# Dealing with Money Calculations...

Ok so this is probably the 100th time someone has brought this up, but
searching the group brings up all the spam emails, and nothing of
value... so I'm going to try again.

I'm dealing with a LOT of numbers in my application, and a lot of
calculations.. and I'm starting to run into problems when I'm adding
two percentages of a number together, due to rounding, and I'm off a
cent or two here or there....

I found this plugin;

http://agilewebdevelopment.com/plugins/rails_money

and on the surface it looks good, but I was wondering what other
people use to solve this, and any input on this would be greatly
appreciated.

Randal

Plain ol’ decimal datatype works good as well. http://api.rubyonrails.org/classes/ActiveRecord/ConnectionAdapters/TableDefinition.html#M001222 has a lot of information about specifying the precision on the decimal field.

RSL

The problems arise when you're doing calculations with those
numbers...example... if I want 2% of a number it might be
123.3352222 which is 123.34 in money talk... and say I have that
twice then it's 123.335111111 + 123.3351111 = 246.670111111 or rounded
up to 246.67. However in "money calc" it's actialy 246.68 because
123.335 is 123.34 which is then added together twice to get you 123.34
+ 123.34.

Obviously that's a messy examplee, but it should illustrate the
point.... the decimal datatype is only rounded when it's put into the
database... a lot of my displayed calcs are done using methods IE
@invoice.show_total might be a method that takes the QTY * COST of
each lines, does any Tax Calcs and displays the total... I don't need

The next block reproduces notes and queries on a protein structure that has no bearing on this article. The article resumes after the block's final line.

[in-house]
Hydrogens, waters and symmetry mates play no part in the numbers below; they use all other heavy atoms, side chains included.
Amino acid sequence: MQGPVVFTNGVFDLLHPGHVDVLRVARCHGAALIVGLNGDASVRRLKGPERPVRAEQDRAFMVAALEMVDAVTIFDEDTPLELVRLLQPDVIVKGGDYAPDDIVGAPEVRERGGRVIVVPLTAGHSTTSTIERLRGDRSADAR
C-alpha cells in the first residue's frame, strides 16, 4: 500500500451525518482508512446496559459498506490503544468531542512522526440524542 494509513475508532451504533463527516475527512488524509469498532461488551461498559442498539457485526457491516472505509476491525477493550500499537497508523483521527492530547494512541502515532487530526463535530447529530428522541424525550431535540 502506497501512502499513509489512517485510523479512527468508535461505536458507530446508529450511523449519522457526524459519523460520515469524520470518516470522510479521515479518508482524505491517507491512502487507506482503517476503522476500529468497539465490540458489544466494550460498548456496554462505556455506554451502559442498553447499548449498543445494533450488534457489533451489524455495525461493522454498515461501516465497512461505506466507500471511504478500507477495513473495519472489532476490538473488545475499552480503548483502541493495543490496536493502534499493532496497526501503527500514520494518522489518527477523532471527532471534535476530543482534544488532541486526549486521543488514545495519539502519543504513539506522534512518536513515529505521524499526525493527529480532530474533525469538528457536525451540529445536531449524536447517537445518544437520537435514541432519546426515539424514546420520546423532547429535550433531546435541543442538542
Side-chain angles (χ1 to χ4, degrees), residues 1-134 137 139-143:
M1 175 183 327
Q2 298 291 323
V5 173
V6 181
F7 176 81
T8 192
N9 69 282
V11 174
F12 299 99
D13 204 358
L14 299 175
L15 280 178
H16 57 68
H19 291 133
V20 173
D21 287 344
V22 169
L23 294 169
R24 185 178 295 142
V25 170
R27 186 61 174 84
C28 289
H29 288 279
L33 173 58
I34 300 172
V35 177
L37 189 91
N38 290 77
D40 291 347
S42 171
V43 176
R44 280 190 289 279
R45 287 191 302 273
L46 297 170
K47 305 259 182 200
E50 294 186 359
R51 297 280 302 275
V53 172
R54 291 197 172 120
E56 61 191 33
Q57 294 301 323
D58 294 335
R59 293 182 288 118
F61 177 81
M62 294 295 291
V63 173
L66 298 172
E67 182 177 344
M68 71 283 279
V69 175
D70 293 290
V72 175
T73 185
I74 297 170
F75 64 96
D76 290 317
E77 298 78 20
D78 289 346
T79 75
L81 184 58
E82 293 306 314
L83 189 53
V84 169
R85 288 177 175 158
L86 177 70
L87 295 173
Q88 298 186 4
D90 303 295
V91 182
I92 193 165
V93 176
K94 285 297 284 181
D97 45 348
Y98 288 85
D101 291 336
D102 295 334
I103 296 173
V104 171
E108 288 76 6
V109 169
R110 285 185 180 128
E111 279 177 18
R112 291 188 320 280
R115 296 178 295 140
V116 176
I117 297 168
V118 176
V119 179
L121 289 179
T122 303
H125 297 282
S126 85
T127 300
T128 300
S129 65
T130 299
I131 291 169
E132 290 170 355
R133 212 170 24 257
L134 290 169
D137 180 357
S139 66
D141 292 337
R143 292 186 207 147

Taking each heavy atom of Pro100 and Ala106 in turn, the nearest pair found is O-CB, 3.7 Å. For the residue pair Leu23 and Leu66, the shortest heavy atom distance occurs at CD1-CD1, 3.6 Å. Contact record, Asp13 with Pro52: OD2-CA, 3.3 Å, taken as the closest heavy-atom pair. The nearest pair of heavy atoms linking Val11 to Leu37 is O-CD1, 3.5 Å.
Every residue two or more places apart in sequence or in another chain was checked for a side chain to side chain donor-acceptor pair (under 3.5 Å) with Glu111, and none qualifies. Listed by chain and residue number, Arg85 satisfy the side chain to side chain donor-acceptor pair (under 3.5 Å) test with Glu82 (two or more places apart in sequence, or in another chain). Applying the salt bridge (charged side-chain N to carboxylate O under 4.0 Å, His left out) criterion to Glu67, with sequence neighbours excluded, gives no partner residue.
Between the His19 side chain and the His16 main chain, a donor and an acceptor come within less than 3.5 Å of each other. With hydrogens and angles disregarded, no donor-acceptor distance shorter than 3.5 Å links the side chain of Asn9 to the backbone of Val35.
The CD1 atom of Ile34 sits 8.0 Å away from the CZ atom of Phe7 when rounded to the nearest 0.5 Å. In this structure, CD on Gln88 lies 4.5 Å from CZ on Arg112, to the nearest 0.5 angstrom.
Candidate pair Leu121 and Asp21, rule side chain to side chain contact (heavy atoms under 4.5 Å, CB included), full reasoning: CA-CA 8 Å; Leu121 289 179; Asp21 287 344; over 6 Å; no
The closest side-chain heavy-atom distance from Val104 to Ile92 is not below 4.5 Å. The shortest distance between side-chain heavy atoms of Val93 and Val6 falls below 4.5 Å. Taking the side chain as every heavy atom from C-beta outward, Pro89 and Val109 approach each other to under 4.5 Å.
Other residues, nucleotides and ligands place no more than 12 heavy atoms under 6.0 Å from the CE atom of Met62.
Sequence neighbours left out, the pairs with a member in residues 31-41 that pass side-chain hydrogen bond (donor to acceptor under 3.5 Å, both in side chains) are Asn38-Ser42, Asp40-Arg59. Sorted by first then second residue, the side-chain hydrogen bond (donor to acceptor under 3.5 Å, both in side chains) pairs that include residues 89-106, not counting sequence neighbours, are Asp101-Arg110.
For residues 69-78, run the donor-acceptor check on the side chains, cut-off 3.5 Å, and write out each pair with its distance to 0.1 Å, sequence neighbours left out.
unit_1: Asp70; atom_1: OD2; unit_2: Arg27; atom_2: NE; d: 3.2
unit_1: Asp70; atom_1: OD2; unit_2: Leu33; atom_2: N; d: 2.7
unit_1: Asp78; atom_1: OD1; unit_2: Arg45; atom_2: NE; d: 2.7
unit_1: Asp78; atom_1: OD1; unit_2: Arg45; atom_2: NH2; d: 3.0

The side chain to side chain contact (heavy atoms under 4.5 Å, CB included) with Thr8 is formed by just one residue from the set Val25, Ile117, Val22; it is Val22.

to store this number. ( again... rough example... but you should get
the idea )

The problems arise when you're doing calculations with those
numbers...example... if I want 2% of a number it might be
123.3352222 which is 123.34 in money talk... and say I have that
twice then it's 123.335111111 + 123.3351111 = 246.670111111 or rounded
up to 246.67. However in "money calc" it's actialy 246.68 because
123.335 is 123.34 which is then added together twice to get you 123.34
+ 123.34.

Decimal columns in the database get typecast to the Ruby BigDecimal
type, so your calculations should be fine.

Cheers,
Jordan

Something is defiantely up then... why is there a need for this
plugin then?

http://agilewebdevelopment.com/plugins/rails_money

I'm losing a lot of pennies here and there and it's all on
%calculations...

Any ideas?

sw0rdfish wrote the following on 26.05.2008 22:22 :

Something is defiantely up then... why is there a need for this
plugin then?

http://agilewebdevelopment.com/plugins/rails_money

I'm losing a lot of pennies here and there and it's all on
%calculations...

Any ideas?

Probably because temporary results of your calculations get stored in database. BigDecimal will keep exact numbers, the database will store float approximations.
The plugin you refer to ensures that when you handle money values in Database they keep the exact same value than Ruby ones, assuming your precision is always at best 1/100 in the currency you are working with. So you can dump/load values in database in the middle of your calculations without affecting the results (always with the limitation that you can't use more precision than 1/100).

Lionel